(Senate - August 28, 2018)

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[Congressional Record Volume 164, Number 144 (Tuesday, August 28, 2018)]
[Pages S5994-S5998]
From the Congressional Record Online through the Government Publishing Office []

                        REMEMBERING JOHN McCAIN

  Mr. BARRASSO. Mr. President, I come to the floor today to add my 
voice to many around the world who remember our dear friend and our 
colleague John McCain.
  John McCain was a man of the highest character, courage, and 
credibility, known for his stubborn courage and his heroic patriotism. 
He leaves a legacy of unquestioned devotion and love for his country 
and his family.
  When I first came to the Senate, John was very welcoming. He knew I 
had been an orthopedic surgeon, and he told me I really ought to take a 
look at his x rays. Of course, the x rays showed the many fractures 
which were the result of being shot down over Hanoi and the injuries 
that resulted from the crash and the subsequent beatings as a prisoner 
of war. It was out of pure generosity on his part that we became 
friends and traveling companions.
  John took great pride in this institution and in knowing that none of 
us in this body of 100--left or right, Republican or Democrat, 
conservative or liberal--none of us agreed with him 100 percent of the 
time. But every one of us respected him and the strength of his 
convictions. I always have.
  Probably no one knows the first person to give him the nickname 
``Maverick,'' but he certainly lived up to it. For John, it wasn't 
about playing a character on television. For him, there was no 
switching between a public and a private persona; he was the same when 
the cameras were off as when they were on.
  His voice would thunder on the Senate floor when he was stirred to 
outrage, with incredible force and conviction, and so he came to 
another affectionate name--``Hurricane McCain.''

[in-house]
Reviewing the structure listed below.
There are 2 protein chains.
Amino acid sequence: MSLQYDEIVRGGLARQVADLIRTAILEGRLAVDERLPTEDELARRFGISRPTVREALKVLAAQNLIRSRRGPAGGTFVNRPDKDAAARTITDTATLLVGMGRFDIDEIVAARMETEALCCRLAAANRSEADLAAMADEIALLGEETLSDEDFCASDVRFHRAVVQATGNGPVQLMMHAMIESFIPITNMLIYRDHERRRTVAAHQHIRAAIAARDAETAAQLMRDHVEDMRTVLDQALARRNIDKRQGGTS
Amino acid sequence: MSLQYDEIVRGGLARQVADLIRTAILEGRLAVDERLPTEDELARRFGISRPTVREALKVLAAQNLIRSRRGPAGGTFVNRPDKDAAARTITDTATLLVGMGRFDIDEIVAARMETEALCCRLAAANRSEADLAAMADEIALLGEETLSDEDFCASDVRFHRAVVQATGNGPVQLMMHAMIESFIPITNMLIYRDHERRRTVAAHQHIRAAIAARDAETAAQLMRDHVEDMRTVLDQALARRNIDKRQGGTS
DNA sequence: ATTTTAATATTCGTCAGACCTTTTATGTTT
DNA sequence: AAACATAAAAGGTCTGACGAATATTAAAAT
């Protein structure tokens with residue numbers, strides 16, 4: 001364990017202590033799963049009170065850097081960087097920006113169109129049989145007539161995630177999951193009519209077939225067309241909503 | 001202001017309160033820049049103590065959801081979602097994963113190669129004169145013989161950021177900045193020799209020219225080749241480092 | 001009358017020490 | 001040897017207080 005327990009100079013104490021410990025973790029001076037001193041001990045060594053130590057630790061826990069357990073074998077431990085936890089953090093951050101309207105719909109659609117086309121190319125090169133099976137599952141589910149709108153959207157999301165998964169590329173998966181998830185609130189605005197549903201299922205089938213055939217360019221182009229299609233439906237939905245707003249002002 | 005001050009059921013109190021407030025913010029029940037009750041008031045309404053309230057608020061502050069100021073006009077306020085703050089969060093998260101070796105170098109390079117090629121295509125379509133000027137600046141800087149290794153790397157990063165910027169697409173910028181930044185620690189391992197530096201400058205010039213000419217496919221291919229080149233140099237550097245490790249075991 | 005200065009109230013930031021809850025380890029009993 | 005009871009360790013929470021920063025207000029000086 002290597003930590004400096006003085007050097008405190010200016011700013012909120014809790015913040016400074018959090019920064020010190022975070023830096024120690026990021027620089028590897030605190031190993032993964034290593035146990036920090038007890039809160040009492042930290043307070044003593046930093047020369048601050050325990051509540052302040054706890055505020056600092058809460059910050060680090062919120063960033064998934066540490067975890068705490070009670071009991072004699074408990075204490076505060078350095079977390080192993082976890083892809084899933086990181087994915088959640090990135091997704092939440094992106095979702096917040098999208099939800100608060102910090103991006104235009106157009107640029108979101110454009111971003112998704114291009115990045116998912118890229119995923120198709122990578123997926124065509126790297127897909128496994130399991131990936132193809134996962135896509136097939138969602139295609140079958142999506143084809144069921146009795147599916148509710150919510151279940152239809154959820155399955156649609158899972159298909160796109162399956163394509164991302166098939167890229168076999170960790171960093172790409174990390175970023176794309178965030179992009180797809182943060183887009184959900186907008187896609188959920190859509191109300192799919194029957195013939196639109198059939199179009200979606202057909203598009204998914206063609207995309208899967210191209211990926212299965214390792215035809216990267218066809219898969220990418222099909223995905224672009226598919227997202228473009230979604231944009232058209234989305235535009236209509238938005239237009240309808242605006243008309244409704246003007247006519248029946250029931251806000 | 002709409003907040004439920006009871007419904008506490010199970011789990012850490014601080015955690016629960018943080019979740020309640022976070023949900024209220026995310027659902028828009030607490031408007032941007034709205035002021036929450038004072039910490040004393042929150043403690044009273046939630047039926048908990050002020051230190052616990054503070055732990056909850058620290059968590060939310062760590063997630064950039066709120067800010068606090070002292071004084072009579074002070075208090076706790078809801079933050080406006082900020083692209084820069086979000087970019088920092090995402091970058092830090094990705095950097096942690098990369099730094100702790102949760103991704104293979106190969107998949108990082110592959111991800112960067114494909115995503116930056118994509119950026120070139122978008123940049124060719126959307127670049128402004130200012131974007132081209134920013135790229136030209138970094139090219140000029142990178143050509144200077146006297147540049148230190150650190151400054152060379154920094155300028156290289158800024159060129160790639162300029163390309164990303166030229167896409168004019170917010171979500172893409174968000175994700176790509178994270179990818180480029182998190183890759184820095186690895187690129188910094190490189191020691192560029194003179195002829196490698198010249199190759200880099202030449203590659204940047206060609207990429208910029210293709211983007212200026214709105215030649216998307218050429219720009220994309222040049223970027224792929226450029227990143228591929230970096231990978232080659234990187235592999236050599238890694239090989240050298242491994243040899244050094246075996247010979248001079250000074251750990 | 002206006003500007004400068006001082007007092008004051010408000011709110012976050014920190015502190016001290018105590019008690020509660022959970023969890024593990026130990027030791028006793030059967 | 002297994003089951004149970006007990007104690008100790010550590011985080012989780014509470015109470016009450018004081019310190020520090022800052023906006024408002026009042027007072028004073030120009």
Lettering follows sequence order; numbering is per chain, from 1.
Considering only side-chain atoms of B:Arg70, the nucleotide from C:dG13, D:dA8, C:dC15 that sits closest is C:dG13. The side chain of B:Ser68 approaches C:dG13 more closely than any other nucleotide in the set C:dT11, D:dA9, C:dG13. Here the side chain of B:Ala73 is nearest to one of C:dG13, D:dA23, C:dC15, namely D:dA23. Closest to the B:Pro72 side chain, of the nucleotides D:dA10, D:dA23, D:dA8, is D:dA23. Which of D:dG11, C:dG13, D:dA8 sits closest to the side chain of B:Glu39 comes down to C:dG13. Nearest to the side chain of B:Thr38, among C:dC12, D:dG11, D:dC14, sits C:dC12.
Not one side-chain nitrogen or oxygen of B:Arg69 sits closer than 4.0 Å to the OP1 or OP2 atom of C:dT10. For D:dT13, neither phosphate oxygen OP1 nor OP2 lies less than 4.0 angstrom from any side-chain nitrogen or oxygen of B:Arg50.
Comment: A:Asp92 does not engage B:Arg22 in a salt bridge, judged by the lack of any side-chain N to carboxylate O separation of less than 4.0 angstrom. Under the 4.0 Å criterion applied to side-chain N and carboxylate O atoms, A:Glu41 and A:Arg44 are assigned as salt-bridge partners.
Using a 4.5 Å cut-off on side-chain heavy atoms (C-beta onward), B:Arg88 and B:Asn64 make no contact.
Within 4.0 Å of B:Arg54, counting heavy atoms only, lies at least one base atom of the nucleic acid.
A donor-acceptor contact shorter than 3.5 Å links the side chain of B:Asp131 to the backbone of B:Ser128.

His humor was legendary. He used his biting humor like a surface-to-
air missile.

[[Page S5995]]

  We all know his incredible biography--the courage he showed as a 
naval officer and as a prisoner of war in Vietnam. It was a story that 
inspired millions of people around the world. I could see it when we 
traveled the world together. We would visit American troops overseas, 
and it was incredible to see the respect he commanded no matter where 
he went.
  Mr. President, you served time in the military. You have been 
deployed. You know what it is like to be there and when someone from 
home comes to thank you and support you and make sure you have 
everything you need. Our men and women in uniform looked at him in awe, 
and they hung on his every word. Foreign leaders did the same. John 
really was a reassuring figure around the world.
  My first trip with John was Thanksgiving 2007. It was before he was 
the nominee for President. He was actually trailing significantly in 
the polls. We went to Iraq during the surge. We spent the day in 
Baghdad and in other locations, and then in the dark of night, we flew 
out into the Anbar Province, where his son, a marine grunt, was 
  We had Thanksgiving dinner with a number of the soldiers. When John 
got to see his son, he went to hug him, to lift his arms, but because 
of the orthopedic injuries he had sustained, until the end of his life, 
he was unable to really lift his arms due to the fractures. He was up 
on his toes trying to hug his son in the Anbar Province of Iraq. I had 
a chance to have dinner with six Wyoming soldiers that evening. They 
had only one request of me: Could I introduce them to Senator McCain?
  Our final trip was over Memorial Day this past year, 2017. It was to 
Vietnam. We went to the lake where he had been shot down. It was a 
bipartisan group. Senator Coons from Delaware was along. We went to the 
Hanoi prison where he spent 5\1/2\ years. We saw the cell. We also went 
to the Presidential Palace. No matter where we went, he was met with a 
hero's welcome. I don't know how many people could have sustained and 
survived 5\1/2\ years in that prison with the beatings. It took a man 
of incredible courage and character, and he gained credibility, as well 
as a certainty for his own life.
  We also went to Cam Ranh Bay during that trip to Vietnam. Many 
Vietnam war veterans have been through that area. They brought in the